Pontardawe Auxiliary Unit Patrol
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Pontardawe – "bridge on the Tawe is a town in the Swansea Valley in south Wales, the county borough of
Neath Port Talbot, Originally West Glamorganshire.
The Area: No 20 GLAMORGAN to PEMBROKE – Groups: 1. Glamorgan. 2. Glamorgan. 3 Carmarthenshire. 4.
The patrol was part of GLAMORGAN GROUP 2: which consisted of four Patrols: Ystalyfera, Pontardawe, Cwmgorse,
Group commander of these Patrols was Captain N.Ll. Barker + Assistant Group Commander Lieut. T.
Sgt. T.J. Williams
Cpl. J.E. Williams
Pte. D.G. Jones
Pte. R. Morgan
Pte. E. Morgan
Pte. M.W. Kingdon
Pte E G Rees
(M W Kingdon joined August 42 from 8th Bn Glam.
The creation of a ‘coastal crust’ of defended and obstructed possible landing sites was
supplemented by a series of ‘stop lines’, exploiting natural barriers enhanced by obstacles and strongpoints, to
delay an invasion force and protect the central areas. The most significant of these lines was the GHQ line,
running from Edinburgh and Bridgwater to London. In Wales, successive rivers were chosen, including the Rivers Wye,
Usk, and Neath. The limited number of crossings were protected by pillboxes, and arrangements were made for the
demolition of unwanted bridges.
The OB located at Cilybebyll, in woodland 100m northwest of Plas Cilybebyll house (SN 750
043: it is on private land), survives in good condition (fig. 1); the author was invited to investigate the site by
the landowner. On the surface, the OB is visible as a slightly-raised area; at the north end, the shafts are
visible as brick features, no longer hidden by a trap door. There is little doubt that when constructed it
would have been concealed from all but the closest scrutiny (fig. 2).
The interior now has a flooded floor. A winch arrangement on the entrance wall
survives; this may have been attached to an aerial for radio communications or to the trap door. An alcove on
the east side of the door may have been for the radio equipment.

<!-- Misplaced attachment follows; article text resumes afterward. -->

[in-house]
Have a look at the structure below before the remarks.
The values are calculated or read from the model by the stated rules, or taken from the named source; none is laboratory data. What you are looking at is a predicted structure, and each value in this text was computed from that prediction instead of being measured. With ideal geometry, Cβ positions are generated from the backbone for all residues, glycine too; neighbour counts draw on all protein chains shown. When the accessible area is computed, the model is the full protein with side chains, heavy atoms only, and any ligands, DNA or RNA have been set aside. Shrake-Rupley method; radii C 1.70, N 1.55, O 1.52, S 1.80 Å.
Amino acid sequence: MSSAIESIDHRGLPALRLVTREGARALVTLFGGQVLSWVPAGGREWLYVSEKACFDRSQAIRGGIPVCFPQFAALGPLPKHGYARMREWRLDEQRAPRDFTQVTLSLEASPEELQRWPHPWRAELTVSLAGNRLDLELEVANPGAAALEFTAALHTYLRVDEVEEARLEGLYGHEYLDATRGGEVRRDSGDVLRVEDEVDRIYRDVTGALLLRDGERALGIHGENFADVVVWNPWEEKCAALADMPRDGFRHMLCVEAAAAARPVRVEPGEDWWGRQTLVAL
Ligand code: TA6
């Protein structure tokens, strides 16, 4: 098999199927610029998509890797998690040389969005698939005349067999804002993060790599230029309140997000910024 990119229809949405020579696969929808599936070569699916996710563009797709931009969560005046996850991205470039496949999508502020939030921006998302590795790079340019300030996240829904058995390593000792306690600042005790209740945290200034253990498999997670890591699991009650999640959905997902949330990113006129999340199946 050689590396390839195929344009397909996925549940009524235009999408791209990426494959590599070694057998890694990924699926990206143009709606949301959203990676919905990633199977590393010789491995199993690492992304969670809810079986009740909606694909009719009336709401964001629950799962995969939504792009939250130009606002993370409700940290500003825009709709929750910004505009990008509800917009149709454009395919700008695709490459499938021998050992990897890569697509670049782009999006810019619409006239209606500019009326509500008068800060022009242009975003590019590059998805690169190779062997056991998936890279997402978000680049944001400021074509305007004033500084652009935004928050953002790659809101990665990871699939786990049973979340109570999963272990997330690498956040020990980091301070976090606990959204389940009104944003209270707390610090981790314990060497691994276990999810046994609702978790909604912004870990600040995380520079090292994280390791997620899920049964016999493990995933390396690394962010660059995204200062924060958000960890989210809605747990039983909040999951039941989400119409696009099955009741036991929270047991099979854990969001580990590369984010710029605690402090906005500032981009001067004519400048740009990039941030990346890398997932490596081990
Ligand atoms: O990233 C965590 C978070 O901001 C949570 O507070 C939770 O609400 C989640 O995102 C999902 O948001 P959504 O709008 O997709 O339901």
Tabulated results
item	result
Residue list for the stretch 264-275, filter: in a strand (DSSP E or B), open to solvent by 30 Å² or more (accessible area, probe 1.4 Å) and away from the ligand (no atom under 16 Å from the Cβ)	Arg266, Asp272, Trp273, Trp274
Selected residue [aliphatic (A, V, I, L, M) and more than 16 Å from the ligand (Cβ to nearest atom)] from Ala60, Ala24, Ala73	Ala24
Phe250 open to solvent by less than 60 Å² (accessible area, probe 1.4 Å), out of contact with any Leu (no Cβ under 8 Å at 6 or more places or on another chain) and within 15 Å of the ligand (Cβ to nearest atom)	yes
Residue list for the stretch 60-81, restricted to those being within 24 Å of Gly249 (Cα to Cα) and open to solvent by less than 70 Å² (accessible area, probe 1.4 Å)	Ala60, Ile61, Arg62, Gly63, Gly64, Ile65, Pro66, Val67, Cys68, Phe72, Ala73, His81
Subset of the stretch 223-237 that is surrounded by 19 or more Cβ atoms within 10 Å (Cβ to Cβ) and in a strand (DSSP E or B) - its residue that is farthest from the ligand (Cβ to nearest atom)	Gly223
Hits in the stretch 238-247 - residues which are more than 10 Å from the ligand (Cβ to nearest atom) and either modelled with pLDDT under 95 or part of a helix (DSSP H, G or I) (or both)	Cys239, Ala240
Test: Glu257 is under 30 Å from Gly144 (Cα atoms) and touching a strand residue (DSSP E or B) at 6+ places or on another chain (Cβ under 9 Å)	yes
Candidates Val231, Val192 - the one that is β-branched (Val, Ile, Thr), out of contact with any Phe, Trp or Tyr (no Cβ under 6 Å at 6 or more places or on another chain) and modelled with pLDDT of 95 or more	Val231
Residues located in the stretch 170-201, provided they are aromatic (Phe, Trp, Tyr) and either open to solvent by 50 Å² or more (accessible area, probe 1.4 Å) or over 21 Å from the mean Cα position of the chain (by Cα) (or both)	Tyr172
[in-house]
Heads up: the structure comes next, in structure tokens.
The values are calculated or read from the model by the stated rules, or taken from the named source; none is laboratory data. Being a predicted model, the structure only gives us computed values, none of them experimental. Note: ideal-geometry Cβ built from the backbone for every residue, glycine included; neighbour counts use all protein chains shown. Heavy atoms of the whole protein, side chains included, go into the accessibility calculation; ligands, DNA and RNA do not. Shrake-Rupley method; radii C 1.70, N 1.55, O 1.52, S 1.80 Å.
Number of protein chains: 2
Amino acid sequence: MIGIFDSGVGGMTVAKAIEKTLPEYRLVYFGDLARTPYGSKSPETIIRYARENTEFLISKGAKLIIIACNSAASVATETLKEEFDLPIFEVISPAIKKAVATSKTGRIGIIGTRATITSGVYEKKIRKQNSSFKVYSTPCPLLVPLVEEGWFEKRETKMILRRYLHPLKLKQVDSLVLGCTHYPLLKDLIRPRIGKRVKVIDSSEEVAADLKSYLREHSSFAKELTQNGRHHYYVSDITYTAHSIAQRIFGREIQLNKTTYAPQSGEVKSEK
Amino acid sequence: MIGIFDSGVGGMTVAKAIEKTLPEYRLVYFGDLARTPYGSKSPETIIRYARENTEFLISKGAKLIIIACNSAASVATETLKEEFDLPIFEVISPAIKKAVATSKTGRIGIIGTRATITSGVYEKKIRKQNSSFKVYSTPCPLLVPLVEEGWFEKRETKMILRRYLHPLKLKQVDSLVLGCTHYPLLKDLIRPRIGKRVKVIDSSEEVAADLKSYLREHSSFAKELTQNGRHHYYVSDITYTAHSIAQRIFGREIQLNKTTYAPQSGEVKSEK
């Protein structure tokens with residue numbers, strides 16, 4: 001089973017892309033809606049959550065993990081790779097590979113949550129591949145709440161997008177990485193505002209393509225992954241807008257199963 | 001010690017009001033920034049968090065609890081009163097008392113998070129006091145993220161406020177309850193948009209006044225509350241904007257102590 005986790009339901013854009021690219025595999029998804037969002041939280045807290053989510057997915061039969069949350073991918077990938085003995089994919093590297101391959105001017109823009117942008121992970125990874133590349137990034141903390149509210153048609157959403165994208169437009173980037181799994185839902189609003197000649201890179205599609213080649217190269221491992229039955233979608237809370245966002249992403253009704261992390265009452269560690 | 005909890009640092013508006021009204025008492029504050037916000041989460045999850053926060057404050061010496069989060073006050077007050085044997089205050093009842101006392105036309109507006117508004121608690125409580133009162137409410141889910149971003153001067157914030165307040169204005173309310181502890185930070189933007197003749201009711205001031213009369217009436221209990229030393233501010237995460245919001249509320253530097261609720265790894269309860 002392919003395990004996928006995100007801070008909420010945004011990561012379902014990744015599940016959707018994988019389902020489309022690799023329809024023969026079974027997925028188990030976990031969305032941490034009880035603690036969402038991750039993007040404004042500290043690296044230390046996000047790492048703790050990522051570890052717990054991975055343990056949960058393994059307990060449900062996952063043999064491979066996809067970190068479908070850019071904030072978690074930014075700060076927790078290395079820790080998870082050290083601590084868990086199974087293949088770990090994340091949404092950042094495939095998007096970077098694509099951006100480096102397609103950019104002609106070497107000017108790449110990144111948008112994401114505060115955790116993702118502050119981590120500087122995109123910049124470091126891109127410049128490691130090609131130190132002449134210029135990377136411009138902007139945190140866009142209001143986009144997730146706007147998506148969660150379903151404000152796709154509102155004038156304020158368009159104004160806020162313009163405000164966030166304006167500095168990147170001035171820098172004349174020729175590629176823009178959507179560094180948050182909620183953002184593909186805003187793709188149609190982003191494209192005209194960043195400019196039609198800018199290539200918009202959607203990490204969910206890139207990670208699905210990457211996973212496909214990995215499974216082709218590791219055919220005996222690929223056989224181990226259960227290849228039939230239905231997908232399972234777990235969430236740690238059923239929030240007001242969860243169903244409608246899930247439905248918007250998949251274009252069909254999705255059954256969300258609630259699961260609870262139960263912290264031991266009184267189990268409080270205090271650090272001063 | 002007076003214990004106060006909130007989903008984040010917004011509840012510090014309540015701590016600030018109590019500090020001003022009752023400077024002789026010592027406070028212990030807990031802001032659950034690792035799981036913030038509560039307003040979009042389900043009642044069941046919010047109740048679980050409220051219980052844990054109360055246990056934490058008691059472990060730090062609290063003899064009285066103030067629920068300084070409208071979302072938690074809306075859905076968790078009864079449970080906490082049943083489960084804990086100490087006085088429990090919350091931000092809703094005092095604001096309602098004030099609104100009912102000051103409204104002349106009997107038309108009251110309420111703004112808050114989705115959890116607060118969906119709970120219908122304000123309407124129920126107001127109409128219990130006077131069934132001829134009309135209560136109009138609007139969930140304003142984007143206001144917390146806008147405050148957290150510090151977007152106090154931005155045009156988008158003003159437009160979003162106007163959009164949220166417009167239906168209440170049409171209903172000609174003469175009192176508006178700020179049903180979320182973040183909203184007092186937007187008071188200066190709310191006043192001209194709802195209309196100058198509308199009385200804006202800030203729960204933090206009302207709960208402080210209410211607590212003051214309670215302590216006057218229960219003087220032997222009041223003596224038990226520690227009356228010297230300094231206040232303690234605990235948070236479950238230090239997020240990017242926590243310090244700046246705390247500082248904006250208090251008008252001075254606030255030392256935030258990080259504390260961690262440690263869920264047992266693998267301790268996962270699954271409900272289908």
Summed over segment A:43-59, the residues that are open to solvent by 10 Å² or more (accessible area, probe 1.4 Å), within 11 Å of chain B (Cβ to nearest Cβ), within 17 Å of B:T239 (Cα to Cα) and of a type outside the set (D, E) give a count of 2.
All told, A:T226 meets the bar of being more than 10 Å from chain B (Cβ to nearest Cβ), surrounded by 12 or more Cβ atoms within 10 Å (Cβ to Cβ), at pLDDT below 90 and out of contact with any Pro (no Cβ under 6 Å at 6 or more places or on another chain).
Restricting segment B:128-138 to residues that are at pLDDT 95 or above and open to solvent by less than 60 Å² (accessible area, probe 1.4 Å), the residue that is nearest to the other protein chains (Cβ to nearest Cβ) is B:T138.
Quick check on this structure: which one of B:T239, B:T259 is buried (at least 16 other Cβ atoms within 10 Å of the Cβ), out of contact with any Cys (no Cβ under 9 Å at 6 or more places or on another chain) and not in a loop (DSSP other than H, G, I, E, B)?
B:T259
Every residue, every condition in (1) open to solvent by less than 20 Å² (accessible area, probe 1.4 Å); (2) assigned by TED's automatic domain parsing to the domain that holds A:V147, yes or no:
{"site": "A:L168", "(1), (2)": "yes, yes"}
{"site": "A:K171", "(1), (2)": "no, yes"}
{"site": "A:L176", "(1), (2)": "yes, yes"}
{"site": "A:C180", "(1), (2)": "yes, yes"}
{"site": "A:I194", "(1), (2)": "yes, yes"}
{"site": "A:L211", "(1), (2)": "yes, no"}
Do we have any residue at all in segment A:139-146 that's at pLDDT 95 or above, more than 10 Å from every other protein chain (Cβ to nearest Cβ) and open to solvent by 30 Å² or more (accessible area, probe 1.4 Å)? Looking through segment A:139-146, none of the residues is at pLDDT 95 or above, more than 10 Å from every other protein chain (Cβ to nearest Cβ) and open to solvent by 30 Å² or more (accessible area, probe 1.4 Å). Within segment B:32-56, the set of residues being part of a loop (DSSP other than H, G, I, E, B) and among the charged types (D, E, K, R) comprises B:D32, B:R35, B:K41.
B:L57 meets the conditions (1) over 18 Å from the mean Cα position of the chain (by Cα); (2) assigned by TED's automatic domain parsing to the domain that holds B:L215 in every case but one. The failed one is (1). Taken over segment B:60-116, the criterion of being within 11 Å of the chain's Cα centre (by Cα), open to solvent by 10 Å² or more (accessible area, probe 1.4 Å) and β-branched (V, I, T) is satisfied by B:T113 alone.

Figure 1. Interior showing corrugated iron roofing and escape opening.
Figure 2: The surface, showing escape shaft
THE ROLE OF THE CILYBEBYLL SITE
Although no documentary evidence for the OB has been located, its location is significant, in
wooded land to the north of the Neath valley. Had an invasion force arrived in southwest Wales (perhaps using
Milford Haven as a deep-water harbour, and perhaps starting from Eire, as was feared at the time), it would have
encountered resistance at Carmarthen - New Quay , Ammanford, the River Loughor, the Swansea valley, the Neath
valley and the River Taff.
Each stop line would have forced a delay while a set-piece assault was prepared. If the
small number of bridges strong enough to take tanks were demolished, temporary engineering works would also have
been required; one of the key functions of the pillboxes guarding river crossings was to prevent their seizure by
parachute forces to forestall their demolition.
Thus it was planned that the invading force would have been held up on the west bank of the
Neath valley for days or weeks; in the meantime, the Auxiliary Unit patrol would have numerous opportunities to
cause further disruption and delay.
The occasion for use did not occur; there was some discussion in the latter stages of the war
about the future of the OBs, along with the disbanding of the Auxiliary Units, and although demolition of the sites
was proposed, many seem to have been simply abandoned, and survive as monuments to a short period when the tranquil
landscape of the Neath uplands was viewed as a possible battle zone.
Article kindly donated by http://www.walescottages.com/auxiliary_hideout.htm#_ftn1
Unknown, but it is assumed that they had the standard weapons and explosives issued to all patrols.
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